If the news has been talking about the end of high-frequency trading, someone really needs to tell it to the CME Group and Nasdaq OMX.
Yesterday afternoon, news broke that the partners are working on a super high-speed link between the CME datacenter in Aurora, Illinois and the Nasdaq data center in Carteret, New Jersey.
[What’s faster than HFT? Jamie Dimon scrambling to keep his CEO-Chairman role at JPMorgan]
The new system, according to Nasdaq-CME claims, will shave roughly four milliseconds of one-way transmission time between the two markets. While CNBC justly reports that this is “a tiny sliver of time” they do point out its potential for traders to execute deals trades faster than even the fastest trader. As CNBC helpfully informs us, "According to one study, it takes a human being between 400 and 500 milliseconds to recognize and respond to a visual stimulus—let alone make a complicated financial investment decision."
Here are some details for our propeller-beanie wearing readers:
The link is composed of a series of towers transmitting microwave signals through several states. Those signals travel much closer to an absolute straight line from point-to-point than a fiber-optic cable that must follow the contours of the earth's terrain, bleeding precious time along the way.
"What's exciting is you are getting as close as possible to the theoretical speed of light," said Shawn Melamed, the global head of commercial products for Strike Technologies, the company that built out the new network. "The value of knowing what's the latest data for these cross-correlated assets...is really important for making your decisions, whether you're trading 100 shares or one hundred thousand shares."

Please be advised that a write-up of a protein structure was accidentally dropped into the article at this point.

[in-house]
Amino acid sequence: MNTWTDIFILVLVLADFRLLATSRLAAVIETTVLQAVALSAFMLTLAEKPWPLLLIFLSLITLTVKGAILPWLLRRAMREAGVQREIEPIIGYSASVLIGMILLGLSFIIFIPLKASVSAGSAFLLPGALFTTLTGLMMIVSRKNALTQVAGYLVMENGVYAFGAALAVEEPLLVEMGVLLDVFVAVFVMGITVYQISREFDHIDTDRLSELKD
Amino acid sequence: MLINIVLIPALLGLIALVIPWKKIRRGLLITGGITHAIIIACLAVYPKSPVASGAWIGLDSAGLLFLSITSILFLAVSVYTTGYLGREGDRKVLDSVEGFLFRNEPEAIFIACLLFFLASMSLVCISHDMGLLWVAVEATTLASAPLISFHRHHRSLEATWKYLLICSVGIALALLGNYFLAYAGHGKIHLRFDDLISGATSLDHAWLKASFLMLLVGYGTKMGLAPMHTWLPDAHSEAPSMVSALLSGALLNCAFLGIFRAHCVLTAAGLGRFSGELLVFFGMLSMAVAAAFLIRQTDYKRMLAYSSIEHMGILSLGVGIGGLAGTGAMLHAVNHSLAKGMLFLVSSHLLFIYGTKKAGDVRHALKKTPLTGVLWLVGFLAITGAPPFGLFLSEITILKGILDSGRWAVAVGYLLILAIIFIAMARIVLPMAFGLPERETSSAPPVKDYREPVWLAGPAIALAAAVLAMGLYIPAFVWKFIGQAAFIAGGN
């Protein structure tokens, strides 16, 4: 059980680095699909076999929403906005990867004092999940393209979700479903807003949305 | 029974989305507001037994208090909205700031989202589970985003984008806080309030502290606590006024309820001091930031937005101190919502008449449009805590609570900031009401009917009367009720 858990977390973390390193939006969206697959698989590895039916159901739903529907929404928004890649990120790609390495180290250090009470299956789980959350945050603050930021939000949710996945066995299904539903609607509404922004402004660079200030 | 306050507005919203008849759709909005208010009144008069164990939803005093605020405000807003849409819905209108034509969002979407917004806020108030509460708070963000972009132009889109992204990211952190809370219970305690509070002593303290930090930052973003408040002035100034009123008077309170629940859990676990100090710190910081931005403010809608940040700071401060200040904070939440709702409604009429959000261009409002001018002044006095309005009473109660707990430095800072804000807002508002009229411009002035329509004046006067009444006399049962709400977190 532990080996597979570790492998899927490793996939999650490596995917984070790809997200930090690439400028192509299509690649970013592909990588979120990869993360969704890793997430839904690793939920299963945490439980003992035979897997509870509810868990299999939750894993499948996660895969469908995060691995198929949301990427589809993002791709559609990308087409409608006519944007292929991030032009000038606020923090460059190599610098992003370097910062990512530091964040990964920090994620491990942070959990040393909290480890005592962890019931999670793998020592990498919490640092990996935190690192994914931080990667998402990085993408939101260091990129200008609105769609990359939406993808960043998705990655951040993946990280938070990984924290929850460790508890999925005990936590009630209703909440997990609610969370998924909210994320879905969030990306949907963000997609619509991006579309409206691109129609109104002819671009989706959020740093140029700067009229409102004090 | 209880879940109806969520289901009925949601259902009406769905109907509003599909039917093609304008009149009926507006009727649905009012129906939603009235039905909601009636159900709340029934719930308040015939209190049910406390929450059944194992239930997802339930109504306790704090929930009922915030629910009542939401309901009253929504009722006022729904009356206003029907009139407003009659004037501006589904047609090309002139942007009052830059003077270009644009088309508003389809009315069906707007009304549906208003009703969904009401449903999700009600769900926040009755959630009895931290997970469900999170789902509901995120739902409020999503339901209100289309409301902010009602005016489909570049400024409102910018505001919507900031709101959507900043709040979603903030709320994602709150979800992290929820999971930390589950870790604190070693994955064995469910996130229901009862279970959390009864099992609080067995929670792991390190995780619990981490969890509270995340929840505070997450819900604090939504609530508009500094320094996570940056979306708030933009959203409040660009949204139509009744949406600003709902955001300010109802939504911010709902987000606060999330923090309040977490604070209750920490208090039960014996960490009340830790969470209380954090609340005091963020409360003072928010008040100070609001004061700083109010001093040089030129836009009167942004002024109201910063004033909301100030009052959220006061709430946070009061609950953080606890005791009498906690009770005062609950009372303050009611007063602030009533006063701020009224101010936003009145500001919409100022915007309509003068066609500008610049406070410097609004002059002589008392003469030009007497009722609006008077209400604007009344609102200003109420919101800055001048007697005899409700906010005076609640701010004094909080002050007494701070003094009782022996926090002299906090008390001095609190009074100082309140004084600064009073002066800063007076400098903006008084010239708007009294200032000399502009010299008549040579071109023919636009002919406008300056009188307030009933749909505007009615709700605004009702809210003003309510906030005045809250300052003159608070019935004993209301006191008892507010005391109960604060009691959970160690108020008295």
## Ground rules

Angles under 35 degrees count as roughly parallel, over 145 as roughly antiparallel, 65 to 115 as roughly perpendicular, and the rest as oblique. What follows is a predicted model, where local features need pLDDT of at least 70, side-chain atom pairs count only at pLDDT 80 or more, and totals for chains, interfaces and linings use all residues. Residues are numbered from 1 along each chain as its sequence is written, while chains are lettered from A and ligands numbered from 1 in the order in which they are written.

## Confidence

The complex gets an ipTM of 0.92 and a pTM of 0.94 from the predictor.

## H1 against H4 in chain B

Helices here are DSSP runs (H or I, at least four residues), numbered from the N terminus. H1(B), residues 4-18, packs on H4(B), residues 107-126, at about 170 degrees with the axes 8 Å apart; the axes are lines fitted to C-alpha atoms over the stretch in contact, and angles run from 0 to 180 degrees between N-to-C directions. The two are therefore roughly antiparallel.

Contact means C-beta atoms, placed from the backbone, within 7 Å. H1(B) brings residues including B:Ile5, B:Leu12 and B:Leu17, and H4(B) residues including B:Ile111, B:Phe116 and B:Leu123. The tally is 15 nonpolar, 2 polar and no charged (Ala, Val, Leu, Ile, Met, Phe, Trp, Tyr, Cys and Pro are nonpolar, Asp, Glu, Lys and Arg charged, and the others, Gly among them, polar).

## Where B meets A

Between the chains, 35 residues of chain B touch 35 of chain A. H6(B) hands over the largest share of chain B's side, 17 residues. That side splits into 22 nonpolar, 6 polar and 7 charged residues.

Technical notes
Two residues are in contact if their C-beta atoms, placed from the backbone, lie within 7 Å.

[Not everything is faster these days. Sometimes thing hapen slowly like Jon Corzine’s slow-motion torching of MF GLobal.]
According to CNBC traders cannot execute orders over the system, just receive market data. That said, the traders can use the data to then execute trades via their other HFT platforms and co-location networks. As for cost, one media outlet report pegs it at $20,000 per month. Perhaps any savings with the faster trades can easily pay for this service, which is expected to live, writes CNBC, "over the next couple of months."
Phil Albinus is the former editor of Advanced Trading and he currently edits the FierceFinanceIT newsletter. Follow him on Twitter at @philalbinus.
Read the entire article: https://www.cnbc.com/id/100631346
Phil Albinus is the former editor-in-chief of Advanced Trading. He has nearly two decades of journalism experience and has been covering financial technology and regulation for nine years. Before joining Advanced Trading, he served as editor of Waters, a monthly trade journal ... View Full Bio